Joanna Coles

Like its rivals, Hearst Magazines has been in the process of quietly consolidating its editorial and business staffs in order to cut costs, following a particularly tough year in print advertising.

Known as a tightly run operation, Hearst recently created the “lifestyle group,” a collection of magazines that includes Redbook, Good Housekeeping and Woman’s Day. The purpose of that reorganization was, in part, to group jobs so that instead of three beauty editors, for instance, there is just one who works across all the titles.

Good Housekeeping editor in chief Jane Francisco was picked by Hearst executives, including former Cosmopolitan editor in chief and recently promoted chief content officer Joanna Coles, to oversee the lifestyle group. The choice was tension-inducing, according to insiders, as Meredith Rollins, Redbook’s editor in chief, was seen by some as passed over in favor of Francisco.

That aside, the group model isn’t new. Hearst formed the Design Group for its shelter titles in 2012 and in 2014, it grouped Cosmopolitan and Seventeen, which are overseen by Coles’ successor as editor in chief, Michele Promaulayko.

But there’s another layer of grouping under Coles, which gives some insight into her somewhat opaque role as chief content officer. WWD has learned that Leah Wyar, who serves as Cosmopolitan’s and Seventeen’s beauty director, and her counterpoint as fashion director, Aya Kanai, report to Coles, not to Promaulayko.

Coles’ power grab keeps her in the mix and part of the editorial game, which at Hearst now includes the warm glow of the small screen in the form of E!’s upcoming reality show, “So Cosmo,” based on her old magazine.


Promo for "So Cosmo"

Promo for “So Cosmo” 

A spokeswoman from Hearst did not address the reporting specifics but offered: “We have a collaborative model and hubs have long been a part of our strategy. Our business is a mix of strong editors in chief, dedicated teams and a number of hubs that allow our biggest talents to contribute to a number of brands. Hub leaders work very closely with the editors in chief.”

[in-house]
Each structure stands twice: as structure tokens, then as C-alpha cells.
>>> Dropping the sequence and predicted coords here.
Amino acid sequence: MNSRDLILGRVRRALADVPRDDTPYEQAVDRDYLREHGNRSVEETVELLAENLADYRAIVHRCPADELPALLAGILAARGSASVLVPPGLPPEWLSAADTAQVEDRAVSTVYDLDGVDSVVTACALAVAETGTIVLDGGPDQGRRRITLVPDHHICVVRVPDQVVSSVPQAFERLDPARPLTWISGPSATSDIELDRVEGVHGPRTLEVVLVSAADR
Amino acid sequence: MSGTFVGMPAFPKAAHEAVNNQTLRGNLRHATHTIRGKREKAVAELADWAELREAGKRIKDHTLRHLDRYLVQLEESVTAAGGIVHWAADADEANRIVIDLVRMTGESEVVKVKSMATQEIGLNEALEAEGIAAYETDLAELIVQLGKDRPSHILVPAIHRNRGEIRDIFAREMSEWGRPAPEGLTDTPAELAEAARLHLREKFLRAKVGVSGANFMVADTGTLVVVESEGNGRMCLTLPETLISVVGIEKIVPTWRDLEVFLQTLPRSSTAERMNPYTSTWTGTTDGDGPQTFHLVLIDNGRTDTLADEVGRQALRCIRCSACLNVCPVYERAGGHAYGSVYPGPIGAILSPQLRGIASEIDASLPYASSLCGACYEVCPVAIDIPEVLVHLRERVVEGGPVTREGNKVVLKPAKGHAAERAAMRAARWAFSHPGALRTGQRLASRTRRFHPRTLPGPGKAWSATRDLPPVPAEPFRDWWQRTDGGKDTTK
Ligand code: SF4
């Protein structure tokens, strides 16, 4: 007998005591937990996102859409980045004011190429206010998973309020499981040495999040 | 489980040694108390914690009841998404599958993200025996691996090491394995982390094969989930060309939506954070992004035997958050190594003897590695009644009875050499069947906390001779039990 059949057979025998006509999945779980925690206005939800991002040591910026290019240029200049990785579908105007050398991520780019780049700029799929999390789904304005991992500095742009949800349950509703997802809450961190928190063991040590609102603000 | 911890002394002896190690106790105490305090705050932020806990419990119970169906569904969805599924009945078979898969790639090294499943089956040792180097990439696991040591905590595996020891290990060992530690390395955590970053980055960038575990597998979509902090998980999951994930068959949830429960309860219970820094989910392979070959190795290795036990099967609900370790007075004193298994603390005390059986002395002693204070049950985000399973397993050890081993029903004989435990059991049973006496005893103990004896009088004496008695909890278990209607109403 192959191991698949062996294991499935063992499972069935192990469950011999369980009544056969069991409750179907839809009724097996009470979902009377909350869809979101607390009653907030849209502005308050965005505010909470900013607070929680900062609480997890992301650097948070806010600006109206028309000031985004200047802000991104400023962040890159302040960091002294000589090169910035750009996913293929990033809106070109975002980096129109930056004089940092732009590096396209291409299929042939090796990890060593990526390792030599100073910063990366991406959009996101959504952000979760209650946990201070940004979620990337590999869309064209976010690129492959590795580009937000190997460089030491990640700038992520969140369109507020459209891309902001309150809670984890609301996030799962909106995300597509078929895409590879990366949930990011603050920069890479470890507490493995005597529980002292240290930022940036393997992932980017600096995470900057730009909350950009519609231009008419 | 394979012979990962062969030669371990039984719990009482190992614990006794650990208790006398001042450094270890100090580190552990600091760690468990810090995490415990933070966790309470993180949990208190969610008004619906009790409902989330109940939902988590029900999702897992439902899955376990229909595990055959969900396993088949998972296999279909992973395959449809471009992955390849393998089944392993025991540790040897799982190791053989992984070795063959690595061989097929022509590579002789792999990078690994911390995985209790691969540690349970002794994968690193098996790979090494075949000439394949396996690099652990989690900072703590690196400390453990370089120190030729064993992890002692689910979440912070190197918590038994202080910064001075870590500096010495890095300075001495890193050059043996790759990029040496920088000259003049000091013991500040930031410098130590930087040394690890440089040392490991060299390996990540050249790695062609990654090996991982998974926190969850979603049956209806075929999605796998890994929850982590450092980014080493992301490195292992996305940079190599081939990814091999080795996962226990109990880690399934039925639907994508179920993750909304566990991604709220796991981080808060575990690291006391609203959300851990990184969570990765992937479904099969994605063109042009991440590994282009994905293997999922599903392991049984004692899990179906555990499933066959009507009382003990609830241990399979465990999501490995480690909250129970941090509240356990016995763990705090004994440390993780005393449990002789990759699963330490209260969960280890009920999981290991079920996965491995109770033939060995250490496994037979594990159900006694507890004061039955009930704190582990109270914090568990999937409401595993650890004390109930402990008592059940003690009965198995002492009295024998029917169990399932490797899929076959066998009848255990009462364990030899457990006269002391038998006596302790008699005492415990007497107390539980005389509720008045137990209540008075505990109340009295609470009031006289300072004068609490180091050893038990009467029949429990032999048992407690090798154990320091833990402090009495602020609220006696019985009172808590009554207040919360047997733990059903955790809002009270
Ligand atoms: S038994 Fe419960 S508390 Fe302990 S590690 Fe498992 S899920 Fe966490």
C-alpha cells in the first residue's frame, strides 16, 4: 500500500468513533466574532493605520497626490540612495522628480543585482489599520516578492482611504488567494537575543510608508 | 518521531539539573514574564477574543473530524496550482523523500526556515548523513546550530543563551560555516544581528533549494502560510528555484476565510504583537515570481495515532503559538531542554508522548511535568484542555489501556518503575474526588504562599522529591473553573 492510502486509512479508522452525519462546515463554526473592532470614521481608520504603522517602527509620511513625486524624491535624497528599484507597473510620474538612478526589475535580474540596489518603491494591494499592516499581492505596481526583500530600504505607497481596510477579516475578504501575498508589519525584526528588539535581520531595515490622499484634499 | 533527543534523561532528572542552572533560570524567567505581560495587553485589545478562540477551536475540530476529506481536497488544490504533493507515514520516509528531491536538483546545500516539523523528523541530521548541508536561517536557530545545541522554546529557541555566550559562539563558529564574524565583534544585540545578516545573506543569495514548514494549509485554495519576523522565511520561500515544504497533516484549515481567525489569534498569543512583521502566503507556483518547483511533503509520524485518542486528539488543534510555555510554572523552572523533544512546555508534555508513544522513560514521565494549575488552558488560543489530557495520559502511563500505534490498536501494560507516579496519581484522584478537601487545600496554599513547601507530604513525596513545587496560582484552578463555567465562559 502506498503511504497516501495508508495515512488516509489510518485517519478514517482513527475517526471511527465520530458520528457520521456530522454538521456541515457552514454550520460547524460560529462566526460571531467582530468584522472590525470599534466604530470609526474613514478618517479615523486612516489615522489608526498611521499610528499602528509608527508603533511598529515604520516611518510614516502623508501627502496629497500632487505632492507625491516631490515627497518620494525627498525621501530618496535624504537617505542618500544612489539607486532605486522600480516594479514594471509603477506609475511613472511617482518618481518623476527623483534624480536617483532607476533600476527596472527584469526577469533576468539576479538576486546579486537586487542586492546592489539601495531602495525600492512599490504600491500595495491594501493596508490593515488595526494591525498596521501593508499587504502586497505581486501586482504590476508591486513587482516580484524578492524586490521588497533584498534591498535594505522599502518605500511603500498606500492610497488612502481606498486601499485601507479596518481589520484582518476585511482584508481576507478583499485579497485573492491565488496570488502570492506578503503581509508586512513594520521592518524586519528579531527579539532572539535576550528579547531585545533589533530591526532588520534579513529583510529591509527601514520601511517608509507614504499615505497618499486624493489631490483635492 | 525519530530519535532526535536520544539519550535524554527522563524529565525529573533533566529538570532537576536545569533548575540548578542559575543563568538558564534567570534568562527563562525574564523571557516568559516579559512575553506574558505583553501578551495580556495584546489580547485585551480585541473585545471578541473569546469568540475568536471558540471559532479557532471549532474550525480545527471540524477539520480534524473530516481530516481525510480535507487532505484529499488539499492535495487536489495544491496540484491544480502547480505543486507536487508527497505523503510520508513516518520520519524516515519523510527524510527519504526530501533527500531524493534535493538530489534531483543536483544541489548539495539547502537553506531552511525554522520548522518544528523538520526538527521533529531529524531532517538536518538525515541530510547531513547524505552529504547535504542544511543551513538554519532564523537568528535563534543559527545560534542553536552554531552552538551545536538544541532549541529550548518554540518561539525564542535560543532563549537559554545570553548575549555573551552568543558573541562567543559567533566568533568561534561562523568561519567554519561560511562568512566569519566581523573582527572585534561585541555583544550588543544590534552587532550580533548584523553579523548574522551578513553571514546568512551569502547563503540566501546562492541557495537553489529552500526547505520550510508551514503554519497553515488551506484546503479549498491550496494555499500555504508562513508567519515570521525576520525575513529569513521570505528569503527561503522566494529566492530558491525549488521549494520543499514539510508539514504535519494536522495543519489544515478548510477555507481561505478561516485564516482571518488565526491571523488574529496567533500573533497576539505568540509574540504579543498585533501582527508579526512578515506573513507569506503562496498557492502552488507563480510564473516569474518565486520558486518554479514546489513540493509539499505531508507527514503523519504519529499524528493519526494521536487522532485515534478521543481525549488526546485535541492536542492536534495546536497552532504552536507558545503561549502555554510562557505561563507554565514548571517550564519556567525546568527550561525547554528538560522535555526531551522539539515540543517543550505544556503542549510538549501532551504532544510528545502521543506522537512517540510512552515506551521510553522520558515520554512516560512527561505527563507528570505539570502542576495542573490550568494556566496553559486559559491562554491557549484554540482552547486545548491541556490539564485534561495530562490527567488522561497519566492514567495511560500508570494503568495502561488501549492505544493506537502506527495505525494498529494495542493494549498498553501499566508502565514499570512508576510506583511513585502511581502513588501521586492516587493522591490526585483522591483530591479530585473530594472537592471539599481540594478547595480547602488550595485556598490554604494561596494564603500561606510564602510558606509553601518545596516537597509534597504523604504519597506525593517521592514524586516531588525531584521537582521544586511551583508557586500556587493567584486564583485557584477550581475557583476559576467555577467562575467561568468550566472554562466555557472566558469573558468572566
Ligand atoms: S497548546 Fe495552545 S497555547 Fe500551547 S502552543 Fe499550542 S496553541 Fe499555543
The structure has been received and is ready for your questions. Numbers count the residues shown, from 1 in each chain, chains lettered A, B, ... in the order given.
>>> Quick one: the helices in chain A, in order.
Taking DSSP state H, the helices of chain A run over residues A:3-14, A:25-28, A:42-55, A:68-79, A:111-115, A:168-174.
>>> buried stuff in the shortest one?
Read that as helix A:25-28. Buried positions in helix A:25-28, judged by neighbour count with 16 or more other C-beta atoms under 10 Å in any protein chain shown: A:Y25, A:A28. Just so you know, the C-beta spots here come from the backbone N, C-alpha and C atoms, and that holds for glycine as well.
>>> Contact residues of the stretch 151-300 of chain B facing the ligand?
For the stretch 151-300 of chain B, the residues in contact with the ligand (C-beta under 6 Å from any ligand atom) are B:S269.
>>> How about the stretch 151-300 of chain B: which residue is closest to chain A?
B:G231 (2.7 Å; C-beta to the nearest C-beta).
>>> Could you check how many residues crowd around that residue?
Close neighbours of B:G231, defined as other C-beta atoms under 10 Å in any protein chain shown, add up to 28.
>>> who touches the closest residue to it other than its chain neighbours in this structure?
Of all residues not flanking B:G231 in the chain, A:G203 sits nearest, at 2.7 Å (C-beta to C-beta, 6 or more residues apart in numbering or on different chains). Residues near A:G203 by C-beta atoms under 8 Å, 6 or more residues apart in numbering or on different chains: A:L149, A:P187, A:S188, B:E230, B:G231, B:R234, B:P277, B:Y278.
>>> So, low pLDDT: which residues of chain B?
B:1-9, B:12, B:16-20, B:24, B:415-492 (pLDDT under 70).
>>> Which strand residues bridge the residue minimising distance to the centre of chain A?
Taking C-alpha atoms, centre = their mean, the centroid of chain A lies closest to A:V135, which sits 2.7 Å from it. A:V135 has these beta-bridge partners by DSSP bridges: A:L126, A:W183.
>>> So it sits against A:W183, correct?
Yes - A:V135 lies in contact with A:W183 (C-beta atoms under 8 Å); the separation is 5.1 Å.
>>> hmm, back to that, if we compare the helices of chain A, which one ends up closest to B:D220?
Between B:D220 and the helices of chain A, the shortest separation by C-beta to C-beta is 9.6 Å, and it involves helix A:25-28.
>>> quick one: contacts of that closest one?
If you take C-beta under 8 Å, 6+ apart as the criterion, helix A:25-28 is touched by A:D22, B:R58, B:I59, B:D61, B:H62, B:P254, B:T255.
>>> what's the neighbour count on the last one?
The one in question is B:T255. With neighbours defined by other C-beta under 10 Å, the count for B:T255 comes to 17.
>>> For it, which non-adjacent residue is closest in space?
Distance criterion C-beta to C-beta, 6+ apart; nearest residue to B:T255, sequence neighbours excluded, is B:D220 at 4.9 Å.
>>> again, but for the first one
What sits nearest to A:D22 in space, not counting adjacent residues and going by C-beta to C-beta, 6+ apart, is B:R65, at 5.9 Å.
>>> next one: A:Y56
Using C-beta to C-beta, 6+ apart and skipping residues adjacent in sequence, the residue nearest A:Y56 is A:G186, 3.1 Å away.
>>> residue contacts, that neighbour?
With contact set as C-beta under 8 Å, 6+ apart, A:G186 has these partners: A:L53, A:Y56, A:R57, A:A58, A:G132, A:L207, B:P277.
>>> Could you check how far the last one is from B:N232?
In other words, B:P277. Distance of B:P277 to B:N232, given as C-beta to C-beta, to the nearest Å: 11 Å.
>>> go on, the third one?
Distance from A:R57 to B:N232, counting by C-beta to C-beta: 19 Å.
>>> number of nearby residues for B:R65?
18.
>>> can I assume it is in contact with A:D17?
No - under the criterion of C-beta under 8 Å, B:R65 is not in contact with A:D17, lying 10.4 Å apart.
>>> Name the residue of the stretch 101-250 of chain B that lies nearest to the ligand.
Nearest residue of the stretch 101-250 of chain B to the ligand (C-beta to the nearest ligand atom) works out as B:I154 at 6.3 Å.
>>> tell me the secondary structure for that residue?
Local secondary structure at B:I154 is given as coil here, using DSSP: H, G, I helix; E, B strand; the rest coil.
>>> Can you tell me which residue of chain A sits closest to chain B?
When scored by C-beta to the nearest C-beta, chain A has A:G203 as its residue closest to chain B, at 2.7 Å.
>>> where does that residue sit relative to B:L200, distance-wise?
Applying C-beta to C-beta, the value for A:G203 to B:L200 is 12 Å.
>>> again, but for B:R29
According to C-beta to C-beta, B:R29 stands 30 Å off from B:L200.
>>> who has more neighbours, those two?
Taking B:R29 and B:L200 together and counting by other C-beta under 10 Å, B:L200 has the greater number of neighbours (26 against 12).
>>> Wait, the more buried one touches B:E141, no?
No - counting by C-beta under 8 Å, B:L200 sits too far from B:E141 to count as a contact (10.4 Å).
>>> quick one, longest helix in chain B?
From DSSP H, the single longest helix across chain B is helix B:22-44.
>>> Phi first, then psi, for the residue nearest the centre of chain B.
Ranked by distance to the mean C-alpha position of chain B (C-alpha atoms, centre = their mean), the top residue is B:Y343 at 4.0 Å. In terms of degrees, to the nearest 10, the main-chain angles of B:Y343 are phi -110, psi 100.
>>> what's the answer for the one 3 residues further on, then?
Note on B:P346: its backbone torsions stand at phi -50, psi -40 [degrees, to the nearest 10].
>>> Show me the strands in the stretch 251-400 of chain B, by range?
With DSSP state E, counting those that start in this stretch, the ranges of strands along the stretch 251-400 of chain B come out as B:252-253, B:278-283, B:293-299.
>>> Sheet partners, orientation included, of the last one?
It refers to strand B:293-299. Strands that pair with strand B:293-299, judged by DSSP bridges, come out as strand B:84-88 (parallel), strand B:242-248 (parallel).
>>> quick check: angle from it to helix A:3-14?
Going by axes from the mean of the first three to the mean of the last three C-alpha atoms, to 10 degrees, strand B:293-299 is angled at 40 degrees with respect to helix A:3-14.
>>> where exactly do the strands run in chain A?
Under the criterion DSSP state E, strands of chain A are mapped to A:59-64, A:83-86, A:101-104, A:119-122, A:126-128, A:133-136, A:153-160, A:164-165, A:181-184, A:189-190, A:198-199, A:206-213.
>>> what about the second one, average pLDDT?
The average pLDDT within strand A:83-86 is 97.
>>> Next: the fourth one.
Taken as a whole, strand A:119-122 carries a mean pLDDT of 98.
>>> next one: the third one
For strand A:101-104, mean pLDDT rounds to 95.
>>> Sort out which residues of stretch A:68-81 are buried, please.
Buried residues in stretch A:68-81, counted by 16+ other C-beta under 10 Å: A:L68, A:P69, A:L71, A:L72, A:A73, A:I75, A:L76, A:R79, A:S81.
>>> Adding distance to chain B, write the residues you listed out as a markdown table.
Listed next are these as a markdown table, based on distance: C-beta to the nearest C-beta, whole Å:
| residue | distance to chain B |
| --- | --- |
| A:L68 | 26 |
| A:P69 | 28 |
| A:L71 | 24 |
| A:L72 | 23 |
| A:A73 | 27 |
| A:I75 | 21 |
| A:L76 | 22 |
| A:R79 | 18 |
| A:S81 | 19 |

The term “hubbing” is the parlance at Hearst to describe what any discerning journalist who has been asked to do multiple jobs for little or no pay raise knows to be code for cost cutting.

Just ask the staff at Cosmo’s sister publication Harper’s Bazaar, which has yet to replace executive editor Stephen Mooallem, now helming The Village Voice, or executive director Laura Brown, who left last August to be editor in chief of InStyle. Hearst said both roles will be filled, but the title has lost its fair share of employees over the last year. During the summer, Bazaar’s executive accessories director Sam Broekema also left for InStyle, and on the business side, Bazaar recently lost Caitlin Weiskopf, its executive director for marketing and brand development for the magazine and e-commerce site ShopBazaar.

In the meantime, Sergio Kletnoy, Coles’ former assistant who has held a handful of editorial roles at various Hearst titles, now serves as Bazaar’s entertainment director. Kletnoy is picking up some of the slack on the celebrity front left from Brown’s departure, Hearst said.

Although Hearst has always been cost-conscious — over the summer the company said it was in the midst of a “hiring chill” — there have been broader budget-cutting mandates across the various titles as of late. Editors have complained that they have smaller budgets to hire freelancers and are forced to write stories themselves, for instance. The pullback has caused some to wonder if the “hub” model will take shape at the fashion titles, namely at Bazaar, Elle and Marie Claire. There’s also a broader sense that more changes are coming.